Objective: To assess the impact of dry eye disease (DED) on productivity.
Research design and methods: A cross-sectional, web-based survey was administered to 9034 individuals who are part of the Harris Interactive Online dry eye panel. Patients (≥ 18 years of age) were included if they were currently employed, a United States resident, had a patient-reported physician-diagnosed dry eye, and scored 13 or higher on the Ocular Surface Disease Index (OSDI). Work productivity and impairment in daily activity was measured using the validated Work Productivity and Activity Impairment (WPAI) Questionnaire. Comparisons were made across disease severity groups: mild, moderate, severe.
Results: Reduced productivity while at work was reported by patients in all three severity groups. Patients with moderate (18%) and severe (35%) disease had significantly greater reductions in productivity than patients with mild (11%) disease, P < 0.05. Impairment in ability to perform daily activities was significantly greater among respondents with severe disease (34%) than respondents with moderate (19%) or mild (12%) disease, P < 0.05.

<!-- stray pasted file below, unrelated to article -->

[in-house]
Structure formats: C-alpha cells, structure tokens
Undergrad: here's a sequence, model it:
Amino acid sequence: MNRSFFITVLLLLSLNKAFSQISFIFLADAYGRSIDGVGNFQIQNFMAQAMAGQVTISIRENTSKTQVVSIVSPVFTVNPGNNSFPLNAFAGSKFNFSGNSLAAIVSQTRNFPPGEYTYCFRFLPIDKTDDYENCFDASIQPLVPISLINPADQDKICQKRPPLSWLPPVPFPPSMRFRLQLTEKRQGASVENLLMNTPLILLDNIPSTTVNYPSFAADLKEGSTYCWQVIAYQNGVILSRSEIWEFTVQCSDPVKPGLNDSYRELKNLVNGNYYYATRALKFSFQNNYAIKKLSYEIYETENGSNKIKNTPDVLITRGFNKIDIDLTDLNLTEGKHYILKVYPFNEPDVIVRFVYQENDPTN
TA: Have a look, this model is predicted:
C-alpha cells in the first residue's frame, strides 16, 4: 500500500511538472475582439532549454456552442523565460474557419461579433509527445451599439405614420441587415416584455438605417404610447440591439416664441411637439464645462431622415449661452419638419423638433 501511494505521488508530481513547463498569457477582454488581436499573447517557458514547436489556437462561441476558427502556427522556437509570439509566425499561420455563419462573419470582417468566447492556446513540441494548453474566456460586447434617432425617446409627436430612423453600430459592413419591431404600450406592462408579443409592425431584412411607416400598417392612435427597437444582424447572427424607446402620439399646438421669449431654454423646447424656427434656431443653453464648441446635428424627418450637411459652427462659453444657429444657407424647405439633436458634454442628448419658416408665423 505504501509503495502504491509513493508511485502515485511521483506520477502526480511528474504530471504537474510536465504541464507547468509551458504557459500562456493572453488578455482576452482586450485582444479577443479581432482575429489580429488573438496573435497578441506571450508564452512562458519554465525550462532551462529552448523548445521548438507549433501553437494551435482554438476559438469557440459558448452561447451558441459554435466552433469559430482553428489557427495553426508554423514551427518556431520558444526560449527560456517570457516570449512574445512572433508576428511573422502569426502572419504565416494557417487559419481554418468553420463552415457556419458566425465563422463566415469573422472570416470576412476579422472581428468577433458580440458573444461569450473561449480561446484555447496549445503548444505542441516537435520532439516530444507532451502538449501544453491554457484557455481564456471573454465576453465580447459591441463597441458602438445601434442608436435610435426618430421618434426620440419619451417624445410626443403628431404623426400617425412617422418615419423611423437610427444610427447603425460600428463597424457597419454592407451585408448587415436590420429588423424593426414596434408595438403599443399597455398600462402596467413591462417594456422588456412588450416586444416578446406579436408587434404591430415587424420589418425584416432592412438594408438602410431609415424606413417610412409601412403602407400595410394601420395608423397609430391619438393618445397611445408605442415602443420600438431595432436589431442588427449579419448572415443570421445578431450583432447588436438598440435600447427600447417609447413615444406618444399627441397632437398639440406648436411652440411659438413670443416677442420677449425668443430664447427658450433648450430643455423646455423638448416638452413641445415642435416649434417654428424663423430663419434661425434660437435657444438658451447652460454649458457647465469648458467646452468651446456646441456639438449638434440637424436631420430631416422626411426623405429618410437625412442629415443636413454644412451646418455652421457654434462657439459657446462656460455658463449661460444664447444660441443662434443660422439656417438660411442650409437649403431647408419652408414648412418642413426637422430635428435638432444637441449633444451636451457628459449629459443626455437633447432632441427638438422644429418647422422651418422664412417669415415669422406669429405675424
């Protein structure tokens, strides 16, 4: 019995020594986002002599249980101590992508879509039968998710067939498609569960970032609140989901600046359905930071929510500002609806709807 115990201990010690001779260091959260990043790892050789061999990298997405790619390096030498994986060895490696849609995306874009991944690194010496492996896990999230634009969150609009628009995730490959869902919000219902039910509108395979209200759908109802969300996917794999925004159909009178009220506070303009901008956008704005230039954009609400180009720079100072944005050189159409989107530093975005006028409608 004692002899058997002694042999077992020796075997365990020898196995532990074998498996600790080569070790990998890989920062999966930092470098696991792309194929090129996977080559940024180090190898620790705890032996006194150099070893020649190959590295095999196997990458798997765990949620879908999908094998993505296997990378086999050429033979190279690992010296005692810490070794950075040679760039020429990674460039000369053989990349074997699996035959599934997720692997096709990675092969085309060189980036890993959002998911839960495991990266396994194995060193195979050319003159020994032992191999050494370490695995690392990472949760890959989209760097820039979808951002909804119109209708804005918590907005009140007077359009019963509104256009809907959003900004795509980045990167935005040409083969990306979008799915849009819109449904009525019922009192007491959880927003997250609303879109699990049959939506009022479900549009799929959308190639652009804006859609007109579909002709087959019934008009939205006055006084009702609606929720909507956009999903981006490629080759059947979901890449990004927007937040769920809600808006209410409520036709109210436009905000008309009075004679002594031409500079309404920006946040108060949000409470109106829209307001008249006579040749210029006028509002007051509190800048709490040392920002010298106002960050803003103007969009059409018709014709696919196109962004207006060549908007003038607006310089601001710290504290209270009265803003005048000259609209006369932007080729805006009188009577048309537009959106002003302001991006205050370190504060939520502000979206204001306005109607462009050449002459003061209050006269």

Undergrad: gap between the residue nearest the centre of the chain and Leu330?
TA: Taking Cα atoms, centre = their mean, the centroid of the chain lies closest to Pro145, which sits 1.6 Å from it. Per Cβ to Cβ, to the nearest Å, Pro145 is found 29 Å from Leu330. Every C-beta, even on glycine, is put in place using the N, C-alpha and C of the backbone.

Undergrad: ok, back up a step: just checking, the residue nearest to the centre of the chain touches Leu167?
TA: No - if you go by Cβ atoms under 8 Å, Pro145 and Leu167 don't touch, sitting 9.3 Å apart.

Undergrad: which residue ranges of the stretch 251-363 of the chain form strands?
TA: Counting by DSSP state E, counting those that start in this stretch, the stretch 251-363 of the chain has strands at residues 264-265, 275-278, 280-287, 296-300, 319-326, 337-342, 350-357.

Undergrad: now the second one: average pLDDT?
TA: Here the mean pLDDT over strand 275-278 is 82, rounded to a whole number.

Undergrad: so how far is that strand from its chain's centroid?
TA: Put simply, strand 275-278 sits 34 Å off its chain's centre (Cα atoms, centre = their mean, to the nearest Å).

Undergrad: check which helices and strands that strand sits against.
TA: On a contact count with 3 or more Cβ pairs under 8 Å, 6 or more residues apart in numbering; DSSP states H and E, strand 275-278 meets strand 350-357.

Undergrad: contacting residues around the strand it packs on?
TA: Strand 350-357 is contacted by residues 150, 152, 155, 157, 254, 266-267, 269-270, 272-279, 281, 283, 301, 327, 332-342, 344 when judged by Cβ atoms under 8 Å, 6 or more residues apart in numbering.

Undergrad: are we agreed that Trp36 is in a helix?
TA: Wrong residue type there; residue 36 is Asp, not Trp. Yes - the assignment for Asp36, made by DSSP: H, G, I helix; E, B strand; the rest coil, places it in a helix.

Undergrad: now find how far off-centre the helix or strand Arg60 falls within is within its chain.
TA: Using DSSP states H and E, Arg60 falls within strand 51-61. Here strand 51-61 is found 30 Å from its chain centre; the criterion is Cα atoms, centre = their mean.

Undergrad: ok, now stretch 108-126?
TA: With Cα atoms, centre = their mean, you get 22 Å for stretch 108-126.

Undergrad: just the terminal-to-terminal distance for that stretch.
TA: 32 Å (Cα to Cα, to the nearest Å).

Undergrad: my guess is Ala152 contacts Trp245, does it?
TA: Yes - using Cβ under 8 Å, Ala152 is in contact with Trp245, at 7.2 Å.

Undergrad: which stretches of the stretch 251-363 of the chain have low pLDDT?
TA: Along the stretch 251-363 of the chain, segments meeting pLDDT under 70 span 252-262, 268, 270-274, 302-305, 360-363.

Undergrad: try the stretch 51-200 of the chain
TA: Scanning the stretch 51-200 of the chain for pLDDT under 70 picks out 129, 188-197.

Conclusion: DED is associated with work productivity loss and impairment of daily activities. These results should be interpreted in the context of limitations related to online survey research.